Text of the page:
By Helen Gym

Dozens of parents came out to school district headquarters for an emergency meeting earlier this week to finally get some answers to rumors, questions and fears surrounding the first day of school this coming Monday. To many people’s surprise and outrage, Superintendent William Hite stayed for less than a half hour, answered barely a fraction of the questions people had, and offered no other staff (other than one staff person from Specialized Services) equipped to handle parents’ questions and concerns.

At first, it seemed like just another example of marginalizing parents. But in reality, it confirmed what we had come to realize: The district doesn’t have the answers.

The superintendent wasn’t being rude. Far from it. He’s among the most individually personable superintendents this district has had. But for most of our questions, he had no answers.  Here’s a sample of the dozens of inquiries individual parents submitted to him:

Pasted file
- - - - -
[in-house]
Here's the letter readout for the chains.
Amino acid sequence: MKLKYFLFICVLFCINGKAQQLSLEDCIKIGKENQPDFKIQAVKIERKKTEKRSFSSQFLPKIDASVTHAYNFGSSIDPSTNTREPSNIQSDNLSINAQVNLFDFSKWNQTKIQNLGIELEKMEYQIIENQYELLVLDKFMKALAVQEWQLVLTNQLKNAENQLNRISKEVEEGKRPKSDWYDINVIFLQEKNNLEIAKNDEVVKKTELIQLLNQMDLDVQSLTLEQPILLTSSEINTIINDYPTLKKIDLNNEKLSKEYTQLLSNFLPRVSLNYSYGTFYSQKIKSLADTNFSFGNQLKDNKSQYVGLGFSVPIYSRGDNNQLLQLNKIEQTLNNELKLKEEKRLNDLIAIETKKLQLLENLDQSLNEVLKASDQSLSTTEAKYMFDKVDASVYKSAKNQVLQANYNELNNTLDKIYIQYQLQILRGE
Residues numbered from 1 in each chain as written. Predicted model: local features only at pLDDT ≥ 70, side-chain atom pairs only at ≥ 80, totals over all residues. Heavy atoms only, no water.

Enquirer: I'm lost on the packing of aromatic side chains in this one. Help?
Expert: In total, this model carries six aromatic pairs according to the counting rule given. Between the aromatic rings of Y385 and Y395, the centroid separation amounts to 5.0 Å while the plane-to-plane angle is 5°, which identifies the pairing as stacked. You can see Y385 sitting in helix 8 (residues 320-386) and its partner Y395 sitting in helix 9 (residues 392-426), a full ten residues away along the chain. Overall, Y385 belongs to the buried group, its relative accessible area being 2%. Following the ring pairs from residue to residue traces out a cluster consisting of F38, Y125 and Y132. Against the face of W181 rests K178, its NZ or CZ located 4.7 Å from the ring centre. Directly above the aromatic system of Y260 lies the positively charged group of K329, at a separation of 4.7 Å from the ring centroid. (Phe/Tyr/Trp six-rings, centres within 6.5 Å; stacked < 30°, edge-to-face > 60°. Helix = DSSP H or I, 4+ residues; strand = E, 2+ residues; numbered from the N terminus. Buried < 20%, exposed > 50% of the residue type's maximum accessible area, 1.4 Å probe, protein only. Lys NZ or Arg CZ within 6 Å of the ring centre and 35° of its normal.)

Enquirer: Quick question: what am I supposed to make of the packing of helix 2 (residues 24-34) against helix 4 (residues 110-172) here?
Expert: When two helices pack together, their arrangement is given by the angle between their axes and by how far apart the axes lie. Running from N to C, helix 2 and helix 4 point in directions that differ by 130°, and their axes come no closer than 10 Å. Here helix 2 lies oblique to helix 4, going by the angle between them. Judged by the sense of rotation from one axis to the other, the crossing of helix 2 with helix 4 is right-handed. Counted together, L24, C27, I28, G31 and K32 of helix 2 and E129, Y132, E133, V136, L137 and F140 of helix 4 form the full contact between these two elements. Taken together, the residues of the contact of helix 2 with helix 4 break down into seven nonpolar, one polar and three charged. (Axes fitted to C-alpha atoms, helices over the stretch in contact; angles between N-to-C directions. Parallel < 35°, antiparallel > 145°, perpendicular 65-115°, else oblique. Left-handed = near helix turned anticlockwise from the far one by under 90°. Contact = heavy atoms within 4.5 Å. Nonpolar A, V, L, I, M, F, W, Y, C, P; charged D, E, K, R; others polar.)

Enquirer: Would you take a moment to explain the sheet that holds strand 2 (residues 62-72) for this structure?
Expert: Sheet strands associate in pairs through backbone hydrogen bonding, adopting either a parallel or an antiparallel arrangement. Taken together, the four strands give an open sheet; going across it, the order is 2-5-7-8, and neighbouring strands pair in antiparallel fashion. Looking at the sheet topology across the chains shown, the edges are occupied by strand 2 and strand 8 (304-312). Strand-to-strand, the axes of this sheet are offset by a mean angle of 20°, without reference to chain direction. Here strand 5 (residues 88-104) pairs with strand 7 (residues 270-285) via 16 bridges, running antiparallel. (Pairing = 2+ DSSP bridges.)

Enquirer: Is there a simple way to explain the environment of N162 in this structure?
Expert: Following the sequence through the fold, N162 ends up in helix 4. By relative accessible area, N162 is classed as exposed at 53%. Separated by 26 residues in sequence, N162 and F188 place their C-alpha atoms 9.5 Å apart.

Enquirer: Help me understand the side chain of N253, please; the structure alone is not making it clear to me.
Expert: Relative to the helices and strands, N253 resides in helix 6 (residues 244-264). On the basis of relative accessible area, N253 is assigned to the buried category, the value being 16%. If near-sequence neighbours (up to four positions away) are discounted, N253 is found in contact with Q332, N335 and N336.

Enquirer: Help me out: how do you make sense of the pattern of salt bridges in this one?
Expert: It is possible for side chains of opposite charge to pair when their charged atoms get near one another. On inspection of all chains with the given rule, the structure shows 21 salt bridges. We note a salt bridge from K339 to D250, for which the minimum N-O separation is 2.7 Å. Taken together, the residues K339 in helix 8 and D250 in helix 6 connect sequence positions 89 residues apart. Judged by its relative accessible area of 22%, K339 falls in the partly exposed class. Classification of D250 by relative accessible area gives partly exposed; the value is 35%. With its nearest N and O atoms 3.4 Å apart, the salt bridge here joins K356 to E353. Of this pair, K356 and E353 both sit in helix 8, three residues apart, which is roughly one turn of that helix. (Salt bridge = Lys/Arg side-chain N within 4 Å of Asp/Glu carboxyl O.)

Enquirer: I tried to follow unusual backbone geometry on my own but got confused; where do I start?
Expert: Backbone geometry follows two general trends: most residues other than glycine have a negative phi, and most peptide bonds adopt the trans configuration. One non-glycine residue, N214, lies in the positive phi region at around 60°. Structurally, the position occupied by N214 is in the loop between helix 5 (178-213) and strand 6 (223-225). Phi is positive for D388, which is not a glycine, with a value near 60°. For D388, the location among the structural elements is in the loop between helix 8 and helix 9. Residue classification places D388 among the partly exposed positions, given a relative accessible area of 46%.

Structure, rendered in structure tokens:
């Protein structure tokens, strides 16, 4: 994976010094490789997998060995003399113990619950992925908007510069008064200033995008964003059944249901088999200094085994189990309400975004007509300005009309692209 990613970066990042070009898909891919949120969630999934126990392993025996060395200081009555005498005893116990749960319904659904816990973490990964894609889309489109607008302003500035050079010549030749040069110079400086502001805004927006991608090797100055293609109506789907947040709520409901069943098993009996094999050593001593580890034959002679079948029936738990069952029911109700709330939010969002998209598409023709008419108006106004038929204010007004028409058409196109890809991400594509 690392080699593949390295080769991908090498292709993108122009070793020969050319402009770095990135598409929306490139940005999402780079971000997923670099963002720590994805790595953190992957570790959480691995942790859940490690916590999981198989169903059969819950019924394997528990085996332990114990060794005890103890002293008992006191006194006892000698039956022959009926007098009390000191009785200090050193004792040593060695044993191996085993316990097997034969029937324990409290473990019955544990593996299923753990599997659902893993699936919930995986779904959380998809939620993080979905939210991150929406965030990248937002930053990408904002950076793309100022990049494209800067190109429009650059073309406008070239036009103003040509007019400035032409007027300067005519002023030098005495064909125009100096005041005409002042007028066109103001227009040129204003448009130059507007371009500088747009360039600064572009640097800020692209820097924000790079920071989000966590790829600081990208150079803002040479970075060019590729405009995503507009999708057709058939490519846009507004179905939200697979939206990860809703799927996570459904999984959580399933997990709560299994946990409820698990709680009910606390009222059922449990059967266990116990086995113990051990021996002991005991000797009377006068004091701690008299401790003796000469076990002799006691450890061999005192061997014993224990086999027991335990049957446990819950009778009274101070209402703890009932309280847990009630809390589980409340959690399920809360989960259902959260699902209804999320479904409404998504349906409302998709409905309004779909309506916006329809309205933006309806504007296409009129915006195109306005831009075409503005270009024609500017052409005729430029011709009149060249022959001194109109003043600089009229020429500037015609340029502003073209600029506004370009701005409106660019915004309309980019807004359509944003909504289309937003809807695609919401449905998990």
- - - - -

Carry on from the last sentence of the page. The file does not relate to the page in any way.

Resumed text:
1. Will there be enough aides to monitor before school, after school, lunch and class transition times?
  2. What were Dr. Hite’s criteria for determining that it is okay to open the schools under current staffing levels? With insufficient counselors and assistant. principals, many emotional and behavioral issues will go unaddressed. Many principals feel they are unequipped to educate. What is Dr. Hite’s answer?
  3. What is the safety plan for schools when they open on Monday, Sept. 9?
  4. How will roving counselors administer the process for students’ Individual Education Plans? Will we get a dedicated counselor from this roving pool? How will this meet my son’s legally required services?